The day my older daughter was born, I had been expecting a son. When my husband looked at the wriggling pink mass being lifted from between my legs, I called out to him, “Is it my little boy?”
“It’s a girl,” he said. “It’s a daughter.”
Lying there, on that bed, I realized two things at once: firstly, how deeply I must have been afraid of having daughters; and secondly, how happy I was to have one.
Three years later, I had another daughter after another pregnancy of being certain the child I was carrying was a boy. We did no gender-checking ultrasound with either child, but my intuition, I realize, must have remained blocked by that fear of raising girls. How, I wondered, can I make them less messed-up than me? Continue Reading…
Some days, I selfishly look back at all the time we waited for an answer to my daughter Sammi’s health challenges and see only how it wrecked my image of what motherhood should be.
I was newly a mother of two when a doctor – a kind doctor, a thoughtful doctor – told me that my new daughter would almost certainly end up in the hospital with every respiratory infection she got. Not a great idea, he said about twice-a-week daycare. Probably not, he said about baby-and-parent music classes. No, I don’t think so, was his answer to my hopeful questions about baby swimming, a smaller daycare, a playgroup. After two hospitalizations in her first five months, I believed him.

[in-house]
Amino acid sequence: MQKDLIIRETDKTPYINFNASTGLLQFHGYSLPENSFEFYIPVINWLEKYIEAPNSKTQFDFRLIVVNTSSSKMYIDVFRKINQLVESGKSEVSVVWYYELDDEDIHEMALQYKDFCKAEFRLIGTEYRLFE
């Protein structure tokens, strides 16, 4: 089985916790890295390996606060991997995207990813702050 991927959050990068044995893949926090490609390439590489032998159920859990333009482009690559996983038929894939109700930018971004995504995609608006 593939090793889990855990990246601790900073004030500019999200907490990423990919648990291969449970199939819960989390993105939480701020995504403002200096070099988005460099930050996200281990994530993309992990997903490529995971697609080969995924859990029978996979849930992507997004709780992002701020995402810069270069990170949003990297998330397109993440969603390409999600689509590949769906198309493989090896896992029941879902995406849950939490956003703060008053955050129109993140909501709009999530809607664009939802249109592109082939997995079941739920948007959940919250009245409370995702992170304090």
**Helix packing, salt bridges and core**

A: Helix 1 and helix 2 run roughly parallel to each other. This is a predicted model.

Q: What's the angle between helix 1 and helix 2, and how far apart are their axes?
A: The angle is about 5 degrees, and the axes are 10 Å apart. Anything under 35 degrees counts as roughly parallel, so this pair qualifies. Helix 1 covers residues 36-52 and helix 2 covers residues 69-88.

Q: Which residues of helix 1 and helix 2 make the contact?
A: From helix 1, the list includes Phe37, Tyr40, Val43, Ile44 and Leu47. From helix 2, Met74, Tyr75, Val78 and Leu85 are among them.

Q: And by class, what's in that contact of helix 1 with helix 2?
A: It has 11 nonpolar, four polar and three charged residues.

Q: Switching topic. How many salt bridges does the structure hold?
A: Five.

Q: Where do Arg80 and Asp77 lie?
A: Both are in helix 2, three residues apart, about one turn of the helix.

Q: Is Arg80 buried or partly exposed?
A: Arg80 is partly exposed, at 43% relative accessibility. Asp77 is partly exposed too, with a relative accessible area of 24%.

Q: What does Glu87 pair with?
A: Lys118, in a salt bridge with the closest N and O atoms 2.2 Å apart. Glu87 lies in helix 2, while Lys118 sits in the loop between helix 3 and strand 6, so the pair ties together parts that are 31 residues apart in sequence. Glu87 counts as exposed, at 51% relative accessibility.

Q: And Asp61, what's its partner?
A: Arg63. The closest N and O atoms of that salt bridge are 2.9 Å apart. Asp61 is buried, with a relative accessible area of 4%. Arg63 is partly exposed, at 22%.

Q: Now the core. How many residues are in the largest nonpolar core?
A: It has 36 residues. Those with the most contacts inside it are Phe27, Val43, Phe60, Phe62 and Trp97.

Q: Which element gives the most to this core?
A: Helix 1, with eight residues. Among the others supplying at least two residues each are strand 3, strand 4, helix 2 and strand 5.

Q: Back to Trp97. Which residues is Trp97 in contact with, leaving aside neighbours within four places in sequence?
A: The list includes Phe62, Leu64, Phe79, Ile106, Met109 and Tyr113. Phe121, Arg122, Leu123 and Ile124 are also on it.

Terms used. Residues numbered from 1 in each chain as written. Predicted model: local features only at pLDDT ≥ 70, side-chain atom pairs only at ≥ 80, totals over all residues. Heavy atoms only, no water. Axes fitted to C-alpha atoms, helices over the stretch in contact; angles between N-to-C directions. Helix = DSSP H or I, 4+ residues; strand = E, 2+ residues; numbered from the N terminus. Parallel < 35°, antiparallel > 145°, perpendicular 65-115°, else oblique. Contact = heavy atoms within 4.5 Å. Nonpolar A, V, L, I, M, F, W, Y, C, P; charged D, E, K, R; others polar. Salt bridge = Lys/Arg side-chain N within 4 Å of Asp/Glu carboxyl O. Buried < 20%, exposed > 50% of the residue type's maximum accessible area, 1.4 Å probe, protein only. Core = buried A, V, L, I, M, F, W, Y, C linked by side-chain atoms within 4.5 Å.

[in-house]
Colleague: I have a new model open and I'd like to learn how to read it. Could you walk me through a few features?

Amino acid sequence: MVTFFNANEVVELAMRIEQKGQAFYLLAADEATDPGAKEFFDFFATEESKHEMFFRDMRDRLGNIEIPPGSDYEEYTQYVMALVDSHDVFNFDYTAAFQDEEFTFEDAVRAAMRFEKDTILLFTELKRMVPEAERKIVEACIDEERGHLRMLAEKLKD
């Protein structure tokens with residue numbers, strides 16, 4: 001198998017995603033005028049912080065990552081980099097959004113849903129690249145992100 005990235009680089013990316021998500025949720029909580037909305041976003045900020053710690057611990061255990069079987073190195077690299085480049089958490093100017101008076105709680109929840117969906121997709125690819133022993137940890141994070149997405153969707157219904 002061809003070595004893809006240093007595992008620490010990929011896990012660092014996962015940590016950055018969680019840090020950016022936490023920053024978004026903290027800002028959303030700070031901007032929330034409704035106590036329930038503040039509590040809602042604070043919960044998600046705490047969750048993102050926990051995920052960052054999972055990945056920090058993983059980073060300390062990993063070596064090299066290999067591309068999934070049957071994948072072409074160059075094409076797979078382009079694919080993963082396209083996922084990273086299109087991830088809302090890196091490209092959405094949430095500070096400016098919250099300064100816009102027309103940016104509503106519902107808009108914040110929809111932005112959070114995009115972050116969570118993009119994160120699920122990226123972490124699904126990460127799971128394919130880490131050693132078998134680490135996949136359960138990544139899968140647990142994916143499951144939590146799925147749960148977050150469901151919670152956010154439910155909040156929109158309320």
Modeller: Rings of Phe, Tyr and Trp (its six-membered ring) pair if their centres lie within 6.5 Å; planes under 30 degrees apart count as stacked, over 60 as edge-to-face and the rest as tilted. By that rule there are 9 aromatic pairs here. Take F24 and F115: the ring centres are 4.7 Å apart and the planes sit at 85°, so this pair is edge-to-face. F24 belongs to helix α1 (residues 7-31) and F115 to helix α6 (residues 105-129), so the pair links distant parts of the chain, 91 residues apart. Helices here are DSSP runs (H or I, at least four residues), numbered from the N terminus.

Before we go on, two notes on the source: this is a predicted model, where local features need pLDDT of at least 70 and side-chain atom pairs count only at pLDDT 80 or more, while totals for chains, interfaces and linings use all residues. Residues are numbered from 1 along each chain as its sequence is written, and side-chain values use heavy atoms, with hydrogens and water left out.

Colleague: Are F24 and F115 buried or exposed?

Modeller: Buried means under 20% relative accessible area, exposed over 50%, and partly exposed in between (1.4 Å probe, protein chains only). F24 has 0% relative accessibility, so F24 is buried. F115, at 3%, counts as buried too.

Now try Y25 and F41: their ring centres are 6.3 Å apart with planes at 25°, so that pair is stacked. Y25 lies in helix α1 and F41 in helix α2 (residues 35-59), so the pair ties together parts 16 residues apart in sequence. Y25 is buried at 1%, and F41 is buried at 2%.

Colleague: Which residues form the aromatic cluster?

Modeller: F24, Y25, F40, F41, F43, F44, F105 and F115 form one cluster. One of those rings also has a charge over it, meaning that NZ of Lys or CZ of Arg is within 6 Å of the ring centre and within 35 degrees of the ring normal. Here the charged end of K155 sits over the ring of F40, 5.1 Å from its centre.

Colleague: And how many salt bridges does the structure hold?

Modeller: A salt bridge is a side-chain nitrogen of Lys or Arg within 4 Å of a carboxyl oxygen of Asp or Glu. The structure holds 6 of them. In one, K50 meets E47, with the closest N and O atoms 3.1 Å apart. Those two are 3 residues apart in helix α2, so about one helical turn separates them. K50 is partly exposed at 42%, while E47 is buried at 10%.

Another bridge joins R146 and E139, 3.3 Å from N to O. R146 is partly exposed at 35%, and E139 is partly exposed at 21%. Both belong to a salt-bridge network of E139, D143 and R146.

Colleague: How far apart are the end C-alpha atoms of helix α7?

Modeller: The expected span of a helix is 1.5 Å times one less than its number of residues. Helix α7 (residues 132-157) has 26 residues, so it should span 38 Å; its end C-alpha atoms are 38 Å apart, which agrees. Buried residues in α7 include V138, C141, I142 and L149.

Through that first winter watched through front windows into an empty courtyard or through car windows into big sister’s preschool, my new daughter and I eyed the world with suspicion: me because it contained too many germs and her because nothing in it made her feel quite right. There was no sleep, no break, no time apart for the two of us to learn the beauty of missing each other and being reunited. There was just us, with the world outside the window unavailable.
Yesterday was the two-year anniversary of the surgery that changed Sammi’s life.
This morning, in an effort to remember a particular detail of that time, I logged into the hospital’s patient information system. I clicked aimlessly, seeing everything with the eyes of experience and after-the-fact understanding. All these test results — why didn’t I read them in detail back then when they could have done something more than remind me of how late I put my research skills to work?
The real answer is that I didn’t know how to access charts, back then. They weren’t online. They weren’t sent to us by mail. All we got was the occasional placating phone call. Oh, and a stack of bills.
Now here, in the charts, are all the comments and clues that make sense in retrospect. Like re-reading a mystery after I already know who the killer was, I am seeing the telltale signs in notes on test results and procedures: muscle visible in her esophagus, tonsils visible on a chest x-ray, no mention of her abnormal aortic arch on that first diagnostic endoscopy. The information was there for anyone to find: here is why she is always sick, here is why she cannot eat, here is why no doctor can explain her idiopathic results.